/home directory in a separate partition allows to isolate users from the system.
The best thing is that we can always give them more space with another partition.
Same as above, but user won’t be able to block the server consuming all of the space in the disk (as they can only full
Daemons won’t either be able to block the system.
In Linux, device files are located under the
Modern OS uses accounting to register every important elements such as registering user authentication, devices that are plugged in, etc.
In Linux there is a daemon (service) called Udev, that checks connected devices at boot and hot plug devices, and creates the special files (when disconnected, it removes it) to be able to communicate with them, also charging the controllers needed by them.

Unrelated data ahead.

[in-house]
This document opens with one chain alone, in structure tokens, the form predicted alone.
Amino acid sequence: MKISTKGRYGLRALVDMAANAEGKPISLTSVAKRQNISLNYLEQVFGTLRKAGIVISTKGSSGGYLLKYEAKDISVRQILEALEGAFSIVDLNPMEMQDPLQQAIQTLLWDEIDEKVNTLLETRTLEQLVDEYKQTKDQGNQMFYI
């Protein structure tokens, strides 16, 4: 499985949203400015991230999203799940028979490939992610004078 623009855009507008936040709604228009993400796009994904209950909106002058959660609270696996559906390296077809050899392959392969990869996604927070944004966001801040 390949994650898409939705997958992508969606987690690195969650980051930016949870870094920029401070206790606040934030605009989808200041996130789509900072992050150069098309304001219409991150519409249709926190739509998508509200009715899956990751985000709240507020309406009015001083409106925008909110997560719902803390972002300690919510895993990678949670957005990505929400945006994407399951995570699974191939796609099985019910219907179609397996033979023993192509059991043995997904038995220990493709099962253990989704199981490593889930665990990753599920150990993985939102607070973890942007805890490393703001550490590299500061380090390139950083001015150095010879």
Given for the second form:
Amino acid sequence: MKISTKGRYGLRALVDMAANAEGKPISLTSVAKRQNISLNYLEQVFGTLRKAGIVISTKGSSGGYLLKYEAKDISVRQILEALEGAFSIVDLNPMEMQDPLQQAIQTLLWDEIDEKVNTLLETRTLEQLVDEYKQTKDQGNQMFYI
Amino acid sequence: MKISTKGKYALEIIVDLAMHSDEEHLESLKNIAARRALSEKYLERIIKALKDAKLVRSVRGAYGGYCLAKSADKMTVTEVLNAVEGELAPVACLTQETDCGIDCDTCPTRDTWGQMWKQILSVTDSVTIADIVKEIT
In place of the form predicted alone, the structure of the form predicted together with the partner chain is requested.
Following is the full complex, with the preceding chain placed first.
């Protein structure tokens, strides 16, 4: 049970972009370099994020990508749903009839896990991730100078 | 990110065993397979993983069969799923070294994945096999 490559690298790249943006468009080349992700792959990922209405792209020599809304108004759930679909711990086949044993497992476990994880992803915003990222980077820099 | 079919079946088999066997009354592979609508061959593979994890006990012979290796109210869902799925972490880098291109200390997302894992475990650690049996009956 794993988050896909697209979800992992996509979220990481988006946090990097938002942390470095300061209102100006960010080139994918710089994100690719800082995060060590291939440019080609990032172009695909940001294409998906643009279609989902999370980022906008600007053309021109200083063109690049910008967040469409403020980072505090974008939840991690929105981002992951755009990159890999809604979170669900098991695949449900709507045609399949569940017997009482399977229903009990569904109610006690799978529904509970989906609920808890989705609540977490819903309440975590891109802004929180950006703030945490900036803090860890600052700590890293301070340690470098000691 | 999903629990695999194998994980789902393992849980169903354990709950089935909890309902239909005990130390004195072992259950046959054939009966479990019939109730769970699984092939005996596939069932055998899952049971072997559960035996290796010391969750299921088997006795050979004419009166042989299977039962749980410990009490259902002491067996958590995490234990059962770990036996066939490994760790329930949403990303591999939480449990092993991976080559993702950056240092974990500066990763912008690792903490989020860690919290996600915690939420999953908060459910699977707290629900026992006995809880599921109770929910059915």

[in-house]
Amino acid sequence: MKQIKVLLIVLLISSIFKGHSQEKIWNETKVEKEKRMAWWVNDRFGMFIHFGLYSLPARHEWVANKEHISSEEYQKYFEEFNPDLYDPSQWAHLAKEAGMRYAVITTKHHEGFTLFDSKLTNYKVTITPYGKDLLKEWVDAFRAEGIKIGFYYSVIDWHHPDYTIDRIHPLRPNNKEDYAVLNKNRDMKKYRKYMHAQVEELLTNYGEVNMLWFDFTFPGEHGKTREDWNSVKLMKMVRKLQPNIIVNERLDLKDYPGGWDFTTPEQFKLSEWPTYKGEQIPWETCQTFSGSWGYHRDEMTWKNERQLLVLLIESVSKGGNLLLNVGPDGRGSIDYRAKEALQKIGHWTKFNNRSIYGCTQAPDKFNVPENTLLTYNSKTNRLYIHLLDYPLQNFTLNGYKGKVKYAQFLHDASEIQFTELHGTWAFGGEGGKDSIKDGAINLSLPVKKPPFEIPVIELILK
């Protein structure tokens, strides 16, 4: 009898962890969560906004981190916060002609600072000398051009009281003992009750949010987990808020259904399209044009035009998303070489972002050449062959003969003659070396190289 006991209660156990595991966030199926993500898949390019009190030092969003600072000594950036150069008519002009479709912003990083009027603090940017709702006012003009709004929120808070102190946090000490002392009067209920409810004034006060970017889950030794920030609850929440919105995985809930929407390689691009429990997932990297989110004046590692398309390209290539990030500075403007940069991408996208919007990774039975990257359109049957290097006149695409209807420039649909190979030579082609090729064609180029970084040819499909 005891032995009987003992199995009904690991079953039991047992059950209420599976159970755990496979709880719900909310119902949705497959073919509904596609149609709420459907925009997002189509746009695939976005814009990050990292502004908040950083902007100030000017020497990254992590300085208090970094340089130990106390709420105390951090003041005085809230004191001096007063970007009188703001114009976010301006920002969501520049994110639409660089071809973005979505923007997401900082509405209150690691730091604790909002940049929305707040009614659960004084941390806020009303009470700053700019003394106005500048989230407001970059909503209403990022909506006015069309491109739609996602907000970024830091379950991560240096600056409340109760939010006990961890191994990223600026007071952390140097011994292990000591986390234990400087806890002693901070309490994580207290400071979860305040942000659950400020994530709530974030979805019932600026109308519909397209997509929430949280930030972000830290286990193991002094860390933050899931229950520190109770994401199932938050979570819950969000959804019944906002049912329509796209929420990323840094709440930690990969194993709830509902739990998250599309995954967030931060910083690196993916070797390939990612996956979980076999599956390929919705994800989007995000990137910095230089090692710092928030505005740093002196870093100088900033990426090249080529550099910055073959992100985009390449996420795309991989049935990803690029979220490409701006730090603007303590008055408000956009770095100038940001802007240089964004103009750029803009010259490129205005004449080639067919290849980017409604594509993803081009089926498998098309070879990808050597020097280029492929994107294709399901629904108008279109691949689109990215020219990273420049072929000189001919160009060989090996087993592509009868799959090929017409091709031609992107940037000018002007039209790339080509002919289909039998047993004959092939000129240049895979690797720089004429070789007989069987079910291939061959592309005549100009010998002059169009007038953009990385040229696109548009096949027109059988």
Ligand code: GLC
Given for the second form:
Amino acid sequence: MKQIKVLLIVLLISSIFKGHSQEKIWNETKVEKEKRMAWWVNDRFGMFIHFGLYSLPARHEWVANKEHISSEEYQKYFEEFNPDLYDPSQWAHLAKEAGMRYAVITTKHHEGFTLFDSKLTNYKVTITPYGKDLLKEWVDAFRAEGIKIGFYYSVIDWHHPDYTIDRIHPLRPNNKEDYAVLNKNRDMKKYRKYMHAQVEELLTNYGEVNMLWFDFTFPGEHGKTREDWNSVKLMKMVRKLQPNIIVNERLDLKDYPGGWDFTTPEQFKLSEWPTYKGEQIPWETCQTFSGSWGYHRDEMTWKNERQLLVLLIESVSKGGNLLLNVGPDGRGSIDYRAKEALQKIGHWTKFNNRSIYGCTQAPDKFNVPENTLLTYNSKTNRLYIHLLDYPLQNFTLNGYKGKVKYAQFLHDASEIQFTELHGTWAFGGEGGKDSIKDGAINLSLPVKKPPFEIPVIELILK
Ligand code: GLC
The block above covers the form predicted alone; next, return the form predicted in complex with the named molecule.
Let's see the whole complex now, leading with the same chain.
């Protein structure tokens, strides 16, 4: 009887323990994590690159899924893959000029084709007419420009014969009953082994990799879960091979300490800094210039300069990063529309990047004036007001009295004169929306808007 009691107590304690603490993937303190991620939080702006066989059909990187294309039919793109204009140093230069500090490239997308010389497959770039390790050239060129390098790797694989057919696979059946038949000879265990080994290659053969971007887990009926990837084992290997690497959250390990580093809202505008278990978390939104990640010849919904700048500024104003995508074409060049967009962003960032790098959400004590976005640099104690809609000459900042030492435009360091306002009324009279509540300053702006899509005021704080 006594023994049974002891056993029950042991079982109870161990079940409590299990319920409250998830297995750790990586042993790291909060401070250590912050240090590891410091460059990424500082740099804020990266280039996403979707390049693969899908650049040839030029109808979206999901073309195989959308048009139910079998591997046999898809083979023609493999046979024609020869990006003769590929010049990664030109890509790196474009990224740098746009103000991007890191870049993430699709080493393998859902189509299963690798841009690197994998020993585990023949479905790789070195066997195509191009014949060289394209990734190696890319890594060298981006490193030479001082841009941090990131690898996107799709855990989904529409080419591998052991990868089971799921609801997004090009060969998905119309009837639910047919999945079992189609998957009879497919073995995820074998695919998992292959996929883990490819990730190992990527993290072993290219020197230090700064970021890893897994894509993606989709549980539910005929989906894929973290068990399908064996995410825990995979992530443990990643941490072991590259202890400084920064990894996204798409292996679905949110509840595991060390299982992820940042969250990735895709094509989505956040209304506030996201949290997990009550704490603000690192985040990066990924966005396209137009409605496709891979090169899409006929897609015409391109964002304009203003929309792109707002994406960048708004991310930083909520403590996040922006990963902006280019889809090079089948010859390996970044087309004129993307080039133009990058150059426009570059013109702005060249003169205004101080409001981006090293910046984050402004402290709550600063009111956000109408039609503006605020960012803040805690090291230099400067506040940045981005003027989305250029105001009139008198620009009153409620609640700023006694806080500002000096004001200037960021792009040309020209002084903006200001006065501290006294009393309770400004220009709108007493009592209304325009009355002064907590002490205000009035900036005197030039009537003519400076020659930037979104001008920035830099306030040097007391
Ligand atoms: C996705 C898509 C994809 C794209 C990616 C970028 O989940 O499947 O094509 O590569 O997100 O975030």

It also communicates with
syslog daemon to register this information into a log file.
dmesg we can get all of this information, but what it does is reading
/var/log/kern.log with some highlighting.
Filesystems need to be mounted in order to be used:
# To mount it mount <origin> <destination> # -t : filesystem type # -r : only read # -w : read/write # -o : options (nosuid, exec, remount, etc.) # To unmount it umount <mount point>
mount -t iso9660 -r /dev/cdrom /media/cdrom
CDRoms uses ISO9660 filesystem type. It is also referred to as ISO images.
Here is a list of filesystem types.
Depending on the mounted device, their associated files can have different names:
fd0: First floppy device
fd1: Second floppy device
hda: IDE Hard Drive device in the first IDE port (Master)
hdb: IDE Hard Drive device in the first IDE port (Slave)
hdc: IDE Hard Drive device in the second IDE port (Master)
hdd: IDE Hard Drive device in the second IDE port (Slave)
sda: First SCSI Hard Disk device